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Ethiopian Journal of Health Sciences

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Pharmaceutical Regulatory Framework in Ethiopia: A Critical Evaluation of Its Legal Basis and Implementation

Sultan Suleman, Abdulkadir Woliyi, Kifle Woldemichael, Kora Tushune, Luc Duchateau, Agnes Degroote, Roy Vancauwenberghe, Nathalie Bracke, Bart De Spiegeleer

Abstract


BACKGROUND: Effective and enforceable national regulations describing the manufacture and (re)packaging, export and import, distribution and storage, supply and sale, information and pharmaco-vigilance of medicines are required to consistently ensure optimal patient benefit. Expansion of pharmaceutical industries in many countries with advancement in transport technologies facilitated not only trade of genuine pharmaceutical products but also the circulation of poor quality medicines across the globe. In Ethiopia, even though “The Pharmacists and Druggists Proclamation No 43/1942” was used to regulate both the professions and the facilities where they were practiced, comprehensive regulation of the pharmaceutical market was introduced in 1964 by a regulation called “Pharmacy Regulation No. 288/ 1964”. This legislation formed the legal basis for official establishment of drug regulation in the history of Ethiopia, enabling the regulation of the practice of pharmacists, druggists and pharmacy technicians; manufacturing, distribution, and sale of medicines. In June 1999, a new regulation called the “Drug Administration and Control Proclamation No. 176/1999” repealed most parts of the regulation 288/1964. The law established an independent Drug Administration and Control Authority (DACA) with further mandate of setting standards of competence for licensing institutions/facilities. DACA was re-structured as Food, Medicine and Health Care Administration and Control Authority (EFMHACA) of Ethiopia by the “Proclamation No. 661/2009” in 2010 bearing additional responsibilities like regulation of food, health care personnel and settings. The mere existence of this legal framework does not guarantee complete absence of illegal, substandard and falsified products as well as illegal establishments in the pharmaceutical chain. Therefore, the objective of the research is to assess the pharmaceutical regulatory system in Ethiopia and to reveal possible reasons for deficiencies in the pharmaceutical chain.
METHODS: An archival review, an in-depth interview of key informants and an institutions-based cross-sectional survey study were conducted during March to April 2013. The comprehensiveness of the pharmaceutical law to protect public health relative to three selected African countries (South Africa, Tanzania and Uganda) and European Union, and implementation was assessed.
RESULTS: The study revealed that Ethiopia does have a written national drug policy upon which the Medicines Regulatory Proclamation 661/2009 is based. According to this proclamation, the Ethiopian The Food, Medicines and Healthcare Administration and Control Authority is mandated to execute the regulatory activities as per the council of ministers regulation 189/2010. The legal framework for pharmaceutical regulation of Ethiopia was founded to fulfill all the medicines regulatory functionspotentially enabling to combat illegal, substandard and falsified medicines and illegal establishments.Moreover, all the key informants witnessed that the government is commited and proclamation 661/2009is comprehensive, but they stressed the compelling need of regulatory tools for effective implementation.From the institution-based cross-sectional study, it was revealed that there exist illegal sourcesformedicine in the pharmaceutical market. The main reasons for their existence were regulatory factorsincluding weak regulatory enforcement (64.5%), lack of informal market control (60.8%), weak portcontrol (50.0%), and poor cooperation between executive bodies (39.6%); and resource constraint(27.8%), which is an institutional factor.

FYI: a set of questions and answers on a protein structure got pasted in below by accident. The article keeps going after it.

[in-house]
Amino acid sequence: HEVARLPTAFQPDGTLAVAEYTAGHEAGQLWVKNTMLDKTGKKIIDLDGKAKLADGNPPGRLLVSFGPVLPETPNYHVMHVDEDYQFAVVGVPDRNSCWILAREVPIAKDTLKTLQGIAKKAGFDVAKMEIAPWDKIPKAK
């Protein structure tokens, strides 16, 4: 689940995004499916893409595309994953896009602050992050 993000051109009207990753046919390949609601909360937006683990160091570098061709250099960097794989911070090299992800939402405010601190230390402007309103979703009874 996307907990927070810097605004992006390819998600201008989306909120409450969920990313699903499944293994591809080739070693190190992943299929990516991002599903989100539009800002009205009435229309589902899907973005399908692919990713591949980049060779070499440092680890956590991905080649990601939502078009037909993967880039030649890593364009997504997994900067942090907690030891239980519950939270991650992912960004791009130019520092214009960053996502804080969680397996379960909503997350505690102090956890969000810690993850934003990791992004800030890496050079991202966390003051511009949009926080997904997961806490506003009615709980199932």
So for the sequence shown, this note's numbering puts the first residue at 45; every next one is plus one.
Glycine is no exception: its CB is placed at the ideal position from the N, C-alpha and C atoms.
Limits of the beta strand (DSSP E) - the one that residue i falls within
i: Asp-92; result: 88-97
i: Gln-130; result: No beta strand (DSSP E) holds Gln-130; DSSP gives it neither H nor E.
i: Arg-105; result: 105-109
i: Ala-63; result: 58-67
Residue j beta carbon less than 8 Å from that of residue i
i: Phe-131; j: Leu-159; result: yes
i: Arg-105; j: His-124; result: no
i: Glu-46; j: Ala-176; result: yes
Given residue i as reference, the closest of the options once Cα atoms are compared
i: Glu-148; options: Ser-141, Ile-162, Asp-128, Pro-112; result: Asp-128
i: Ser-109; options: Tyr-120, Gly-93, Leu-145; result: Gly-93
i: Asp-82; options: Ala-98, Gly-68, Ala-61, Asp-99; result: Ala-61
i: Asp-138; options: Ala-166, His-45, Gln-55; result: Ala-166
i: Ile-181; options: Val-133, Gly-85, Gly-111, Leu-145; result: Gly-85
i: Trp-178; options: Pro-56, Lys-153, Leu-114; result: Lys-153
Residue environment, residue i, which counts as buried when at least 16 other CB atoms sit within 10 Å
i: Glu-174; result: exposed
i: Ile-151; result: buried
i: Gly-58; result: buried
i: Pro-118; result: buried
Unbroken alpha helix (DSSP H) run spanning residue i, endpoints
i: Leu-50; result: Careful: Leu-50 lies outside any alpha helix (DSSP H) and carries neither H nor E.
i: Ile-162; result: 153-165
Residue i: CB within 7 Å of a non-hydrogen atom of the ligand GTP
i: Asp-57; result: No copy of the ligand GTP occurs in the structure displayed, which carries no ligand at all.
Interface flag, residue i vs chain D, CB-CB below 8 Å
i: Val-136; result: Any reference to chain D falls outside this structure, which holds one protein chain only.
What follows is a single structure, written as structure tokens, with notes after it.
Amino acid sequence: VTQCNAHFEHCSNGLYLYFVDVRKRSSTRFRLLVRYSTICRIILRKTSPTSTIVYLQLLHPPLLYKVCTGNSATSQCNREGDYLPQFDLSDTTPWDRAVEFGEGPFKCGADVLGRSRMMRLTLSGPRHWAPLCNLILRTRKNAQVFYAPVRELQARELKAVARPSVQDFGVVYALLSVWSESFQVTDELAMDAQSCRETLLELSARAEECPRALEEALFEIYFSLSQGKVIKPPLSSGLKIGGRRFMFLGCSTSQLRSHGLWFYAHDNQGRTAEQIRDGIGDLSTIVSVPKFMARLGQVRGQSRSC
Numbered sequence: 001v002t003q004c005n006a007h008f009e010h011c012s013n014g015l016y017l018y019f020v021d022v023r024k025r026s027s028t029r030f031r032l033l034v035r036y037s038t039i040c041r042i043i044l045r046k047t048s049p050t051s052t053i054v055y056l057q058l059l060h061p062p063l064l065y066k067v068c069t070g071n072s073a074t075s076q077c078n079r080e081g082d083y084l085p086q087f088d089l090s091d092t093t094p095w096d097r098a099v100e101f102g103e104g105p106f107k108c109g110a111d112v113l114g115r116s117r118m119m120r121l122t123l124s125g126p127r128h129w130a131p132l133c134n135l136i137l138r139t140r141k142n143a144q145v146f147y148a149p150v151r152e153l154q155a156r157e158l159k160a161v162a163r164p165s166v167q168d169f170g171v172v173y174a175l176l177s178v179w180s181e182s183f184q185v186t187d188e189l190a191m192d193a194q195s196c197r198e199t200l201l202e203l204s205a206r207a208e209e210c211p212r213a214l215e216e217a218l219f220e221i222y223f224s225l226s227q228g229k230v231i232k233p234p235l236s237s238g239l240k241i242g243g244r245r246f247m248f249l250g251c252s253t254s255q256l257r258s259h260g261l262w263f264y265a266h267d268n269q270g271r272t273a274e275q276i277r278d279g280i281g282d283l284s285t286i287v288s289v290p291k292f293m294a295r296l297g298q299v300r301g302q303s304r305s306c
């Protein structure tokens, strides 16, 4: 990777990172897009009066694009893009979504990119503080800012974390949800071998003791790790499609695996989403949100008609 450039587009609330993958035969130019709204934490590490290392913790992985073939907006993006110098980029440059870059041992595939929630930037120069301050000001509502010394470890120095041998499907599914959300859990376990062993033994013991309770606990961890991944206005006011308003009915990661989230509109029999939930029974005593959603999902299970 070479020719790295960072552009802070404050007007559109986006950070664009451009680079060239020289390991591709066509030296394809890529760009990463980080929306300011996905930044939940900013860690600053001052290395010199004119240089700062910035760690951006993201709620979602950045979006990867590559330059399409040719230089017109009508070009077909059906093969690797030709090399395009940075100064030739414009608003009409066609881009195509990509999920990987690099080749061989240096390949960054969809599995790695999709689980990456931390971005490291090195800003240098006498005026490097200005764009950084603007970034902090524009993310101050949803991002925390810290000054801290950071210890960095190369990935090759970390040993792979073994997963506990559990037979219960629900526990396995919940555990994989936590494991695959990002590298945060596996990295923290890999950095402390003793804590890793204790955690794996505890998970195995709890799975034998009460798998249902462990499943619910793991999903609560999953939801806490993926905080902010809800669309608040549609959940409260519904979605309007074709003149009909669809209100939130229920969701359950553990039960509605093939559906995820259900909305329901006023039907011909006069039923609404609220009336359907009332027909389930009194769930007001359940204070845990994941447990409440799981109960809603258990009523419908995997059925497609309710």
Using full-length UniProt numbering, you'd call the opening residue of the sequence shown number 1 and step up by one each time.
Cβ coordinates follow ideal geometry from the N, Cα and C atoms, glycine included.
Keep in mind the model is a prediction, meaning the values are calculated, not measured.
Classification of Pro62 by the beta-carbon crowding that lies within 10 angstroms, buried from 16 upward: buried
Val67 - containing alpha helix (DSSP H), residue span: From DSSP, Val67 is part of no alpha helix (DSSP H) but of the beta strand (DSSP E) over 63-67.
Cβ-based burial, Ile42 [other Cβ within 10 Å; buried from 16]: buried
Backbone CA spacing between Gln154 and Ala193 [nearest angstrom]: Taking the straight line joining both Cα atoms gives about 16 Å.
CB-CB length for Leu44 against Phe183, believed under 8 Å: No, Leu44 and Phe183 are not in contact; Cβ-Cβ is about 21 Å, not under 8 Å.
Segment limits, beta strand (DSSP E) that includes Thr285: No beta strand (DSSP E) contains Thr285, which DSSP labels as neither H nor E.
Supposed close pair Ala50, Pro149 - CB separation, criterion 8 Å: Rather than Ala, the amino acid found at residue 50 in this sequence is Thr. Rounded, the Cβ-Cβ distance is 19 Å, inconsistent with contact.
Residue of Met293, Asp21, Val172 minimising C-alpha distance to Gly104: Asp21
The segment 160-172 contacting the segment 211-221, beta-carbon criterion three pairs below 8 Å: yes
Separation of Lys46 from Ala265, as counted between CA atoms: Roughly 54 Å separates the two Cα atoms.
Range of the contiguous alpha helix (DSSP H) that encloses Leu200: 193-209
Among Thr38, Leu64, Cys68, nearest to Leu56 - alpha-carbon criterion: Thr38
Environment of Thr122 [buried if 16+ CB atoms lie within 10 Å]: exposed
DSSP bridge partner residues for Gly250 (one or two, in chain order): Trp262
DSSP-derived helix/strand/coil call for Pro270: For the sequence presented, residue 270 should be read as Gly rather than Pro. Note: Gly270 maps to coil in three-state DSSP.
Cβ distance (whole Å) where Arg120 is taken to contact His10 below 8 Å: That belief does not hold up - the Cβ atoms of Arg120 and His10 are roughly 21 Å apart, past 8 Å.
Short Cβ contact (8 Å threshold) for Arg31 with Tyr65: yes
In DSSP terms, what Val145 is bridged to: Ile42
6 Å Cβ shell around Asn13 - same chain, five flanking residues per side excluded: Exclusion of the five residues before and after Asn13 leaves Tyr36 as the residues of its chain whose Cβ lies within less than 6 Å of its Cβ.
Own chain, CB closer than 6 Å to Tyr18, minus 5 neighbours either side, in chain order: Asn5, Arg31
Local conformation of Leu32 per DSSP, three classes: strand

CONCLUSIONS: From legislative point of view, the medicines regulatory framework in Ethiopia fulfilsall regulatory functions required for effective medicines regulation. However, the existence of thelegislation by its own is not a guarantee to prevent the existence of unauthorized/illegal medicine sourcessince this requires effective implementation of the legislation, which is in fact affected by thegovernments political commitment, resource and intergovernmental cooperation.

KEYWORDS: Drug policy, Pharmaceutical legislation, Medicines regulation,
Illicit/unregistered/substandard/falsified medicines and sources, Ethiopia




http://dx.doi.org/10.4314/ejhs.v26i3.9
AJOL African Journals Online